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Dietary Supplements Vs Medications

May 26

Dietary supplements, whether in powder, liquid or pill form, are designed to enhance health and add nutrients. They may contain vitamins, minerals, herbs or botanicals, amino acids or enzymes. Multivitamins, omega 3, DHA or EPA fatty acids tablets or fish oil capsules are some of the most popular supplements.

Many people think that supplements can help them cure their ailments. This can lead you to falsely reassure yourself, delay diagnosis and treatments, or even mask symptoms. Vitamin B6 taken in high doses can cause excess excretion into the urine. This can mask symptoms of nerve damage, such as tingling or numbness. Similarly, taking high doses of some herbs can cause toxic side effects, such as liver or kidney damage.

In addition, supplements can interact with medications and interfere with lab tests or surgery. For these reasons, you should discuss any supplements with your health care provider before using them.

Despite all the efforts made by the supplement industry to make the distinction between Supplements vs Medications, the line is still not clearly defined. The DSHEA law was passed 25 year ago and does not specify the characteristics of a dietary supplements. It’s the intent that counts, not the source or chemical structure.

In some cases, there is no doubt about the intention, but not in others. This is especially the case with herbals. These are regulated and regulated by FDA for dietary supplements even though they could be used to make drugs. This has caused an increase in herbal products being sold as both dietary suppliments and drugs.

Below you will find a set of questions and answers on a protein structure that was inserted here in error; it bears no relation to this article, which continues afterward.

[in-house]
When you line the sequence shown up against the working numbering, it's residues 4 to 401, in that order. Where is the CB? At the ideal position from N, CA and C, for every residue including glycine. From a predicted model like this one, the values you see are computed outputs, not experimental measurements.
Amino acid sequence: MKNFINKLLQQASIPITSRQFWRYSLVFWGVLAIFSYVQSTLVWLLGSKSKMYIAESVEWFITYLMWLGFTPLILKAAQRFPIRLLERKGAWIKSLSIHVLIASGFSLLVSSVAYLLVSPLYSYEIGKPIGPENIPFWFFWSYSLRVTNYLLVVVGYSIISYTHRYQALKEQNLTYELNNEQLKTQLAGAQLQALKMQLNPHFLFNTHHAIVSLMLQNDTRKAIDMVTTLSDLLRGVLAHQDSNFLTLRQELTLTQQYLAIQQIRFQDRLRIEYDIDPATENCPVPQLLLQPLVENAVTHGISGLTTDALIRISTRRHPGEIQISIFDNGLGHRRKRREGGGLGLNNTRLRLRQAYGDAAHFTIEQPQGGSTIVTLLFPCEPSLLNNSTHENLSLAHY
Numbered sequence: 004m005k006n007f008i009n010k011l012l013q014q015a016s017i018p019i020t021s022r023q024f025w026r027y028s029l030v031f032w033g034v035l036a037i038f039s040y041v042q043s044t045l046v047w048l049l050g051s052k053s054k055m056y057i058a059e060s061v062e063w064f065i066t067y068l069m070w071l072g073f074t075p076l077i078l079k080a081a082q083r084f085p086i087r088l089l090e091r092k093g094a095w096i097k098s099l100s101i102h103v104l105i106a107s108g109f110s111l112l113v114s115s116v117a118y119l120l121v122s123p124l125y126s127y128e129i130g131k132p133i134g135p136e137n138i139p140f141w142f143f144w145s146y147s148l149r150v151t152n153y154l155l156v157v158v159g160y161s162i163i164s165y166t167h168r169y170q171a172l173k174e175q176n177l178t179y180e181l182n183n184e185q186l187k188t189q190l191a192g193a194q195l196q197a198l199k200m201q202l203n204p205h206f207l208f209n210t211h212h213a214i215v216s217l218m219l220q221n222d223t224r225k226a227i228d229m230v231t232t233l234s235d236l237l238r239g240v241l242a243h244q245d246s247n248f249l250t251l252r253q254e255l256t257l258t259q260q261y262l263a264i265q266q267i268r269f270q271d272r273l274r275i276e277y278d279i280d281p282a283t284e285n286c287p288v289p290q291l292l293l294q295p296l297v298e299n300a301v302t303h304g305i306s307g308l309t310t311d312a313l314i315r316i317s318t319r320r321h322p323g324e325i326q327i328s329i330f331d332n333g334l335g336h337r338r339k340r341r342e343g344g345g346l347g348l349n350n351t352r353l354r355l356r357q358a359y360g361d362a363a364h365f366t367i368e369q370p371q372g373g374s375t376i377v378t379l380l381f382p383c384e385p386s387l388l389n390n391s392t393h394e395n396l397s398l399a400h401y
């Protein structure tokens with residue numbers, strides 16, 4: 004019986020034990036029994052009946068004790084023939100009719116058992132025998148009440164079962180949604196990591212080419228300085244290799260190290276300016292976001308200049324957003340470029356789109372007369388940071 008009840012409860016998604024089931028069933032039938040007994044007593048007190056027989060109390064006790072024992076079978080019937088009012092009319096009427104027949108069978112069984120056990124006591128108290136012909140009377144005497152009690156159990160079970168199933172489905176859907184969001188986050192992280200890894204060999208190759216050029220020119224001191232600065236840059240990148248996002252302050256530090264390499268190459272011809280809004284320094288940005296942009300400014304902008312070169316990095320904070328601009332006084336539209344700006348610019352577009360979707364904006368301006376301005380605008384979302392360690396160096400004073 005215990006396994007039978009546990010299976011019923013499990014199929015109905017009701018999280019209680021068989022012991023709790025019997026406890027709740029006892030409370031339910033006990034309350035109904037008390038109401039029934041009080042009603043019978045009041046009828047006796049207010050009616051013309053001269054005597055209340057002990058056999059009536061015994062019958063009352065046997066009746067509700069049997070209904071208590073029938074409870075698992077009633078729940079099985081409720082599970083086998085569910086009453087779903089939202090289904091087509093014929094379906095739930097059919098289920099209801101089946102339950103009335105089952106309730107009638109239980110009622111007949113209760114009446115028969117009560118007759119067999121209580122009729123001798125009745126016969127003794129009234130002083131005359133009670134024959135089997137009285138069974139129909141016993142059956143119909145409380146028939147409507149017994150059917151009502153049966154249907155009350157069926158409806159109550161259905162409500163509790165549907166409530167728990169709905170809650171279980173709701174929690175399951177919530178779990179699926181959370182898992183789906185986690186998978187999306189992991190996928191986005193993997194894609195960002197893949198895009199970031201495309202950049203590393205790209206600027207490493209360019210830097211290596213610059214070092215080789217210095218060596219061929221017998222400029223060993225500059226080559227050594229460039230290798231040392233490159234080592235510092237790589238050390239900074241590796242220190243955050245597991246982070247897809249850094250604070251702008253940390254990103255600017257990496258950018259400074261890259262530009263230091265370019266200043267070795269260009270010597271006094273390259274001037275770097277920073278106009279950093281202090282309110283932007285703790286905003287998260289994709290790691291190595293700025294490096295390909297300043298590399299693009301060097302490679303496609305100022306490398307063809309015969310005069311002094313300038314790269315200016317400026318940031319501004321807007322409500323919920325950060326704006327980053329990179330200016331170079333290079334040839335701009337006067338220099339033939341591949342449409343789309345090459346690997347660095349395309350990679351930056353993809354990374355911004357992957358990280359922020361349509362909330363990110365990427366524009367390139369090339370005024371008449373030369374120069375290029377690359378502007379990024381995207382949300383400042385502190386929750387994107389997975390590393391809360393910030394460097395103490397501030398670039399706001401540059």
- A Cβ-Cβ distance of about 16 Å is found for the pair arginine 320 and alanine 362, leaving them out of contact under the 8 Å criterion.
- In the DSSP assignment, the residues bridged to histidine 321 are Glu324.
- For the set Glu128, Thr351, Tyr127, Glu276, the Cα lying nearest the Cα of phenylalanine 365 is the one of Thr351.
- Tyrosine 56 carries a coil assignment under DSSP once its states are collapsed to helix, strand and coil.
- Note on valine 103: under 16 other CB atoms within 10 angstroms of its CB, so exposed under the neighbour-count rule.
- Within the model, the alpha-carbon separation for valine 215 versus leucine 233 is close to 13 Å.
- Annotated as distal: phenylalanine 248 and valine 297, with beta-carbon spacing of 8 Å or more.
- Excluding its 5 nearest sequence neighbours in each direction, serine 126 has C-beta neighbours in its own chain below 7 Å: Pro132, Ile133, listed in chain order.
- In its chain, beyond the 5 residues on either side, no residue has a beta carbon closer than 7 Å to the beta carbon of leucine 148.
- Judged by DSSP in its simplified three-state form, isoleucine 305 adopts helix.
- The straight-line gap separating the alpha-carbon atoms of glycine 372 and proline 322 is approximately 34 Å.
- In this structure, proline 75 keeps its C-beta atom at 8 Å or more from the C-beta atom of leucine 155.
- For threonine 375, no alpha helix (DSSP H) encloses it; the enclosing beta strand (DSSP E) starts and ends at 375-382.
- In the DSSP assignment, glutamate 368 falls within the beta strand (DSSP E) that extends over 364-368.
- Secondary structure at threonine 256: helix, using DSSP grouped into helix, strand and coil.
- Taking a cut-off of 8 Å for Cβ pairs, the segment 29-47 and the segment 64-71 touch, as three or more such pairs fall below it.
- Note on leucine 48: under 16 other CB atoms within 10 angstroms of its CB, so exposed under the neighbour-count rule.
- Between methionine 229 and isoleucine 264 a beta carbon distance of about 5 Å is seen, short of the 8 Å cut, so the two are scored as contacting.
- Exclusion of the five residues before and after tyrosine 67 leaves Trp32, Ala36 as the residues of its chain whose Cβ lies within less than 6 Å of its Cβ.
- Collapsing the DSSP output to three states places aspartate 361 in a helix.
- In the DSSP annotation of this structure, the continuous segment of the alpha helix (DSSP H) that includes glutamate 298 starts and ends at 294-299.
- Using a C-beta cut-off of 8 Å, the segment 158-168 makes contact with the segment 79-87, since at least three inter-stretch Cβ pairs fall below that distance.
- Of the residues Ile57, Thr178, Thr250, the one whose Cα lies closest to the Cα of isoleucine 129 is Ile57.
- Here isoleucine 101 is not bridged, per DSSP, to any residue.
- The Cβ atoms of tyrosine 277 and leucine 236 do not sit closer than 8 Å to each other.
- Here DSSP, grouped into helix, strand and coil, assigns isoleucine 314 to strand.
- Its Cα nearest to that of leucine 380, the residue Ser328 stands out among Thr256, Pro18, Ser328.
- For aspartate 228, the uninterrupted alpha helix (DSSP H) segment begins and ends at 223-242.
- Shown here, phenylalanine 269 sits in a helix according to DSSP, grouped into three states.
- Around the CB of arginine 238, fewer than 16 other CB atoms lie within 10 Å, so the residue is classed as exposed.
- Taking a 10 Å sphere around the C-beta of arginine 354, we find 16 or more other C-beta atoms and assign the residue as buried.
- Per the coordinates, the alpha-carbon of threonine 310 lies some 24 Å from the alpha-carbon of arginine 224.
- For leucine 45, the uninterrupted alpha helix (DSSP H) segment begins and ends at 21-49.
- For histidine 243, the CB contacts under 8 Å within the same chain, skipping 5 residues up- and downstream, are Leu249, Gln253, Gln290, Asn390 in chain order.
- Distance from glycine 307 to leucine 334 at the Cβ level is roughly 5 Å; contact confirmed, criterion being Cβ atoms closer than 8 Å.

The prevalence of concurrent drug and dietary supplement use in older adults is high. In a survey of Americans aged 65 years and older, 68% (95 % CI, 64.8%-71.1%) also took dietary supplements.

This trend is a result of the public’s desire for natural remedies, and the ease with which supplements can be purchased. Customers can easily find the right supplements by watching TV commercials or social media influencers. They can also ask their friends, neighbors, or coworkers for recommendations. The proliferation of marketing for vitamins and other supplements makes it harder than ever before to determine which are safe or effective. Which can provide real benefits to health and which could be harmful.

Supplements should never replace a healthy diet, even if it’s tempting to boost immunity during a coronavirus outbreak or to give your body the energy you need to keep up with family and work obligations. Moreover the tendency to “diseaseify”, or make normal attributes and activities of life worse (e.g. menstrual discomfort, acne, enlargements of the prostate as you age), should not be permitted to erode any distinctions between drugs, and dietary suppliments.

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